We said a fond farewell to the 2019 Alameda County Fair earlier this month, with the 107th year seeing a spike in attendance, new cultural events and increased consumption of classic fair food, specifically corn dogs and deep-fried Twinkies.
The fair concluded July 7 to cap an 18-day run full of thrilling rides, live horse racing, star-studded concerts, action sports, animals, cultural festivals and delicious fair foods.
Thousands of people turned out to watch the "Last Ride" of the Opening Day Cattle Drive on June 14. Crowds cheered on hundreds of cattle, cowboys and cowgirls, and fair entertainers as they tromped through Main Street in downtown Pleasanton for the final time.
This year's fair proved as popular as ever, with 454,276 people coming to the fairgrounds during the 18 days -- marking an increase of 7.3% in attendance compared to the 2018 fair, according to totals just released by fair officials.
The beautiful weather this year might account for that increase. Brutal heat during summer days in Pleasanton can deter people from going to the fairgrounds, but almost every fair day this year saw comfortable temperatures.
Of course, the last cattle drive, big-name concerts and new cultural events also boosted turnout.
Fair-goers again chowed down on their favorite fried foods by the thousands, consuming 35,320 corn dogs (an increase of 11.5% over last year), 33,684 funnel cakes and 784 deep-fried Twinkies -- plus other fair staples like 12,872 barbecue turkey legs and 4,852 orders of cotton candy.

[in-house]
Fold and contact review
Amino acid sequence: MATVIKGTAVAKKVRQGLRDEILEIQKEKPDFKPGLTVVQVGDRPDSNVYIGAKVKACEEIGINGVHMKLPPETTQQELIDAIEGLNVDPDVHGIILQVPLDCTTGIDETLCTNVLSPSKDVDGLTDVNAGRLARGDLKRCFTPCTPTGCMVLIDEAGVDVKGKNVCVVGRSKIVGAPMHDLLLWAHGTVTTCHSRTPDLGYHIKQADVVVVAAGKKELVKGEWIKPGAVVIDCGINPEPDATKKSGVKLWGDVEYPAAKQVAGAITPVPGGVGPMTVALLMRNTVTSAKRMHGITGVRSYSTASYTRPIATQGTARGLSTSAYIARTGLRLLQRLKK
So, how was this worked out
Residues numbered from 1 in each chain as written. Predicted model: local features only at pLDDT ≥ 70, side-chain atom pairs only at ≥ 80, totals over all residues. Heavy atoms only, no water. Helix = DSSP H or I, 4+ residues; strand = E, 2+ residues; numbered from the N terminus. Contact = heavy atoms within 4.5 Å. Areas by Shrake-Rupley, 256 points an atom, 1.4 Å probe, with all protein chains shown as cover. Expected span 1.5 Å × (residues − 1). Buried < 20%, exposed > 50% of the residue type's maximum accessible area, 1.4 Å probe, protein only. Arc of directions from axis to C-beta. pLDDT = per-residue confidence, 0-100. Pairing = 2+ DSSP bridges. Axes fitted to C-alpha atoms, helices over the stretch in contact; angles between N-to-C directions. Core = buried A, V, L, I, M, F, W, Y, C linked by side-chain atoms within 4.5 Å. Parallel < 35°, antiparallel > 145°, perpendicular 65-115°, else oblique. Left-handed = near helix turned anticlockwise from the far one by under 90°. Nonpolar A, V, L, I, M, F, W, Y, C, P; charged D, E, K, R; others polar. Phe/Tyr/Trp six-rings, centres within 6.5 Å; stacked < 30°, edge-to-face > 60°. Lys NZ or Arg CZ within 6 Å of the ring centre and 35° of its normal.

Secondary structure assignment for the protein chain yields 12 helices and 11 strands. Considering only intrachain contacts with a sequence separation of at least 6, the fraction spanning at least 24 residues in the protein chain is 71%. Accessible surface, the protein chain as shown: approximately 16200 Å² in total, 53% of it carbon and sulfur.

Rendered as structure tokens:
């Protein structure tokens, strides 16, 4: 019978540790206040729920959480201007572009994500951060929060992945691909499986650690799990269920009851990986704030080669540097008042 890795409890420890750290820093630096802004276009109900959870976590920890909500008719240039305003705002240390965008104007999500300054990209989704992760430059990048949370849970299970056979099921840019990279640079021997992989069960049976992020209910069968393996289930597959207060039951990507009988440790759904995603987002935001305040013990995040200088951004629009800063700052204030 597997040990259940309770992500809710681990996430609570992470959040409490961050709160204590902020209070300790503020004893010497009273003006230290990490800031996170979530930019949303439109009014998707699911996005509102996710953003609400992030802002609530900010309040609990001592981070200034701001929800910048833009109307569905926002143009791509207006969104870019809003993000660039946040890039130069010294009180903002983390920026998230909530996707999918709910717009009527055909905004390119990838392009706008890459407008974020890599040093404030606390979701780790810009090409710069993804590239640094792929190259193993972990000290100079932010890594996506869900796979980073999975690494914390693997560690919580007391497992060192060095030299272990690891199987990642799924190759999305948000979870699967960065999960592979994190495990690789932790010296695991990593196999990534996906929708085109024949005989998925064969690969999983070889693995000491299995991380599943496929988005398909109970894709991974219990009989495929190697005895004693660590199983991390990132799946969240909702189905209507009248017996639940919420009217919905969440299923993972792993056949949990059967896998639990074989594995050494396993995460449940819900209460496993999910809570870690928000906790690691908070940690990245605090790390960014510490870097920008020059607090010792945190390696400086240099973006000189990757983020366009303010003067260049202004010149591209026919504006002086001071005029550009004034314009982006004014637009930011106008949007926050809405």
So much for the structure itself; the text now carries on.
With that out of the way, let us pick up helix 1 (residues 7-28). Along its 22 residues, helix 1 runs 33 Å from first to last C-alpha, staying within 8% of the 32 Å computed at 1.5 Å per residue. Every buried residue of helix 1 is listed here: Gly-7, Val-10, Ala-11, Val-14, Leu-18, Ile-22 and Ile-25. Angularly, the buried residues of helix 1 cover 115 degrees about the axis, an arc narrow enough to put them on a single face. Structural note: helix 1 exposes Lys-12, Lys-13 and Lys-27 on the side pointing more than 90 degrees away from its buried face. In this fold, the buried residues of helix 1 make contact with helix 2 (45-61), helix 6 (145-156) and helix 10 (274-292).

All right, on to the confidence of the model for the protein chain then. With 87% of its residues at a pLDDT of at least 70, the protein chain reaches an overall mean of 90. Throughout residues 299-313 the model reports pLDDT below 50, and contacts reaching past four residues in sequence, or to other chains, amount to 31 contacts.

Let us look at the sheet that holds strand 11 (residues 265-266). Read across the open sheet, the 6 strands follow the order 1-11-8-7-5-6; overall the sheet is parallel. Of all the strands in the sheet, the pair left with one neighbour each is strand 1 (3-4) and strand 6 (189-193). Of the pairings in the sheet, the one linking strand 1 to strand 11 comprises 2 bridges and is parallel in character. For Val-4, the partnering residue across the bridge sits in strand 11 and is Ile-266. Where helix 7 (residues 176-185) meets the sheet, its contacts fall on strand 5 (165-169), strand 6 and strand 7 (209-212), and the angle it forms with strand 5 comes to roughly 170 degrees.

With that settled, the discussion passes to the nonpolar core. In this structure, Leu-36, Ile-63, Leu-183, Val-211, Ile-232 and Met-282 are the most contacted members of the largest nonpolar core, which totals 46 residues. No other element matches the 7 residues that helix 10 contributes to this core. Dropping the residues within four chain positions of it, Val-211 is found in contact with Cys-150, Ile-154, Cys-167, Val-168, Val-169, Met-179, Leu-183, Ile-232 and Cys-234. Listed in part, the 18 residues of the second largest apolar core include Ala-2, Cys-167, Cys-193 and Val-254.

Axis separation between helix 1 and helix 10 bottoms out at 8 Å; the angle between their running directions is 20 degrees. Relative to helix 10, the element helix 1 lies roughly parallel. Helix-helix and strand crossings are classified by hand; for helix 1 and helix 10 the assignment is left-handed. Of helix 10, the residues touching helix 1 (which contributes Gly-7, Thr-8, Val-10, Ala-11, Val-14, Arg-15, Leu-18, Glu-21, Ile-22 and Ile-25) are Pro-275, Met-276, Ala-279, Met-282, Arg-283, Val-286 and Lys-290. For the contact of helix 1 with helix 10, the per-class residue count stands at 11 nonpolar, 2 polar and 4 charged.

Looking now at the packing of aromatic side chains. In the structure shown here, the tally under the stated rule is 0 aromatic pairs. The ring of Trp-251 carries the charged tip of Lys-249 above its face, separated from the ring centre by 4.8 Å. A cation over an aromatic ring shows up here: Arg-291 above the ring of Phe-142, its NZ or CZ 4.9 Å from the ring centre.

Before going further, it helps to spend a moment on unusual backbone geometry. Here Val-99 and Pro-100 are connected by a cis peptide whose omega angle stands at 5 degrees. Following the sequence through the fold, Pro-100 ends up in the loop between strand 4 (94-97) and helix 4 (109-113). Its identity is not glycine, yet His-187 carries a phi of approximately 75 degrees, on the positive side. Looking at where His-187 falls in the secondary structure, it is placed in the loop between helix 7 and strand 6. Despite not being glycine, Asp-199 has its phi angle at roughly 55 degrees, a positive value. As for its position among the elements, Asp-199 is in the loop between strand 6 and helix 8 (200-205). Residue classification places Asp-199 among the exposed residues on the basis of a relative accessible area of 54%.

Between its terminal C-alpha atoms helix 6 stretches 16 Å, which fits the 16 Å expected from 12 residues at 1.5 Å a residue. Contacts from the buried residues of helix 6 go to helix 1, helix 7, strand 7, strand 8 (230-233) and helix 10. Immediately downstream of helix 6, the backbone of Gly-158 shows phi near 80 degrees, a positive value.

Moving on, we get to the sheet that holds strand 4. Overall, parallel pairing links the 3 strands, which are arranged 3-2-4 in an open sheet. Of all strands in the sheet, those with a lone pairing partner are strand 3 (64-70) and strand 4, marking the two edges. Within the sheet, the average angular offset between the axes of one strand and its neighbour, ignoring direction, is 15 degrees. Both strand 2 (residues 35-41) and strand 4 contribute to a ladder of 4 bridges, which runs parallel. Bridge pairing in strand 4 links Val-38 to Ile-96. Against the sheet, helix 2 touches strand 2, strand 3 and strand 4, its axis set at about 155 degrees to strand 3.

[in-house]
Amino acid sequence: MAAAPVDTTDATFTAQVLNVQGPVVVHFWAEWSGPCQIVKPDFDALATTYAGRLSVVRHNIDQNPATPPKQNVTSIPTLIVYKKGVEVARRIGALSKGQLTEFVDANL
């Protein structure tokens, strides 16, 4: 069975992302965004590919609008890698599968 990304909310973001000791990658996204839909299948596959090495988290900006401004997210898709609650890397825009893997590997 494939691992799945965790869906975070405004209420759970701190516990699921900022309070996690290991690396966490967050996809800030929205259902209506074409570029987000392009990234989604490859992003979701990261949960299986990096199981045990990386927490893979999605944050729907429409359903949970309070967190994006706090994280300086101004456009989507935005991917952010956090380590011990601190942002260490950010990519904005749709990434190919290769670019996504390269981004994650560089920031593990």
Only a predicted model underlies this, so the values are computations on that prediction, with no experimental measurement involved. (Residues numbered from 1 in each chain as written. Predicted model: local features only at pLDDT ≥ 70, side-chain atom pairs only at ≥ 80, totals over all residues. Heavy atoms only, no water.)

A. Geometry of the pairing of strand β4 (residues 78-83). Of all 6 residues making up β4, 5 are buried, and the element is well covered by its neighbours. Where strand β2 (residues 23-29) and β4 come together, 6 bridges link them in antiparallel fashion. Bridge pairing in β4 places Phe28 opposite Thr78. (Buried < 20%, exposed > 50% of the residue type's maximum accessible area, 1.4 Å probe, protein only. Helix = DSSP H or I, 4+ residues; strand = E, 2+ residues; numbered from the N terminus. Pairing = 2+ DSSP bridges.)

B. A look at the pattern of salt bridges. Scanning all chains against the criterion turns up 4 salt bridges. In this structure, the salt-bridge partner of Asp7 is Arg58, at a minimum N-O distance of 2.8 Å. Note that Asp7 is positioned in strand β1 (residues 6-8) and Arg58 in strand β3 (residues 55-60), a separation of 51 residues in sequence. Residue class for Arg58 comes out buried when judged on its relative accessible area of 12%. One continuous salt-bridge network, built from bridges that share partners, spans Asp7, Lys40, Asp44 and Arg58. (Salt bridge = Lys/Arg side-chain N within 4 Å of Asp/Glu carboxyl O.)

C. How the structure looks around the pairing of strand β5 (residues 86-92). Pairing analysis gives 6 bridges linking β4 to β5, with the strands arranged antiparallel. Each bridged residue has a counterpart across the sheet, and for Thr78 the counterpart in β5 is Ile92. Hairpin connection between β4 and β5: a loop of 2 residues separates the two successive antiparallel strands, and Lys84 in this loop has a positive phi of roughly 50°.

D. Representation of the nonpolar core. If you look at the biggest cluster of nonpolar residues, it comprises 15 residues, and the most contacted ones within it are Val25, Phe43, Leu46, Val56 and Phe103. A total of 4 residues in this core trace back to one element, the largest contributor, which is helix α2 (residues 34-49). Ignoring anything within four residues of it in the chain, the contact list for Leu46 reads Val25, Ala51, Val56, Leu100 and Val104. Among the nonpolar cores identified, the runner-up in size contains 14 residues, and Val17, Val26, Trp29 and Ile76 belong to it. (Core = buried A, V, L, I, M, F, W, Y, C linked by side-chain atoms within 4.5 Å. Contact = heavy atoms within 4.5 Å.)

There was a small uptick in fine art sales, with sales of $17,836 during the fair. Add that to the $67,671.74 in small animal sales, which was up 15.9%, and $716,391 in sales from the junior livestock auction.
The live horse racing was also a big draw, although attendance was a bit lower than 2018 with 49,483 people taking in Oak Tree at Pleasanton during the 15 days of racing this summer.
Attendees with a charitable spirit came through once again with 27,000 pounds of food, which equates to 22,500 meals, donated to benefit the Alameda County Community Food Bank and 6,736 people donating clothing, an increase of 23% over 2018.
In a new pet food drive, attendees donated 19,813 pounds of pet food.
One unfortunate occurrence happened during the final week of the fair when an R-rated movie was inadvertently played on a screen outside the funhouse, and kids and parents got an eyeful of a sex scene. The kid-friendly pirate movie had been accidentally switched with a very adult pirate movie. But the fair staff quickly changed the film and the fun continued.
Speaking of the midway, the addition of the new Mega-Flip ride drew thrill seekers to the carnival as it thrust riders high in the air while spinning and twisting. The Sky Ride, a cross-grounds attraction offering a bird's eye view of the fair, was also a popular fair feature and saw increased riders this year.
Other highlights this year were:
* Concert-goers packed the amphitheater nightly for the Big O Tires Concert Series, which featured performances from Ashanti, Trace Adkins, Gin Blossoms, Sheila E. and Vince Neil of Mötley Crüe.
* The fair introduced several new cultural festivals to celebrate the deep multicultural roots of the Bay Area, including an Asian Pacific Celebration, Out at the Fair and Bollywood at the Fair.
* The Action Sports Arena came alive each weekend with featured shows like extreme rodeo, Arenacross Nationals, monster trucks and demolition derby.
* STEAM weekends featured fun, hands-on educational exhibits and activities for kids with themes like agriculture and horticulture, engineering, electronics and robots, Lego Festival, Robot Day, and environment and space.
"With the Last Ride of the Cattle Drive, the great concerts and all our new special features, every day offered something fun for everyone," said Jerome Hoban, CEO of the Alameda County Fair. "We are so grateful to all who came out and continue to make the fair a part of their summer tradition."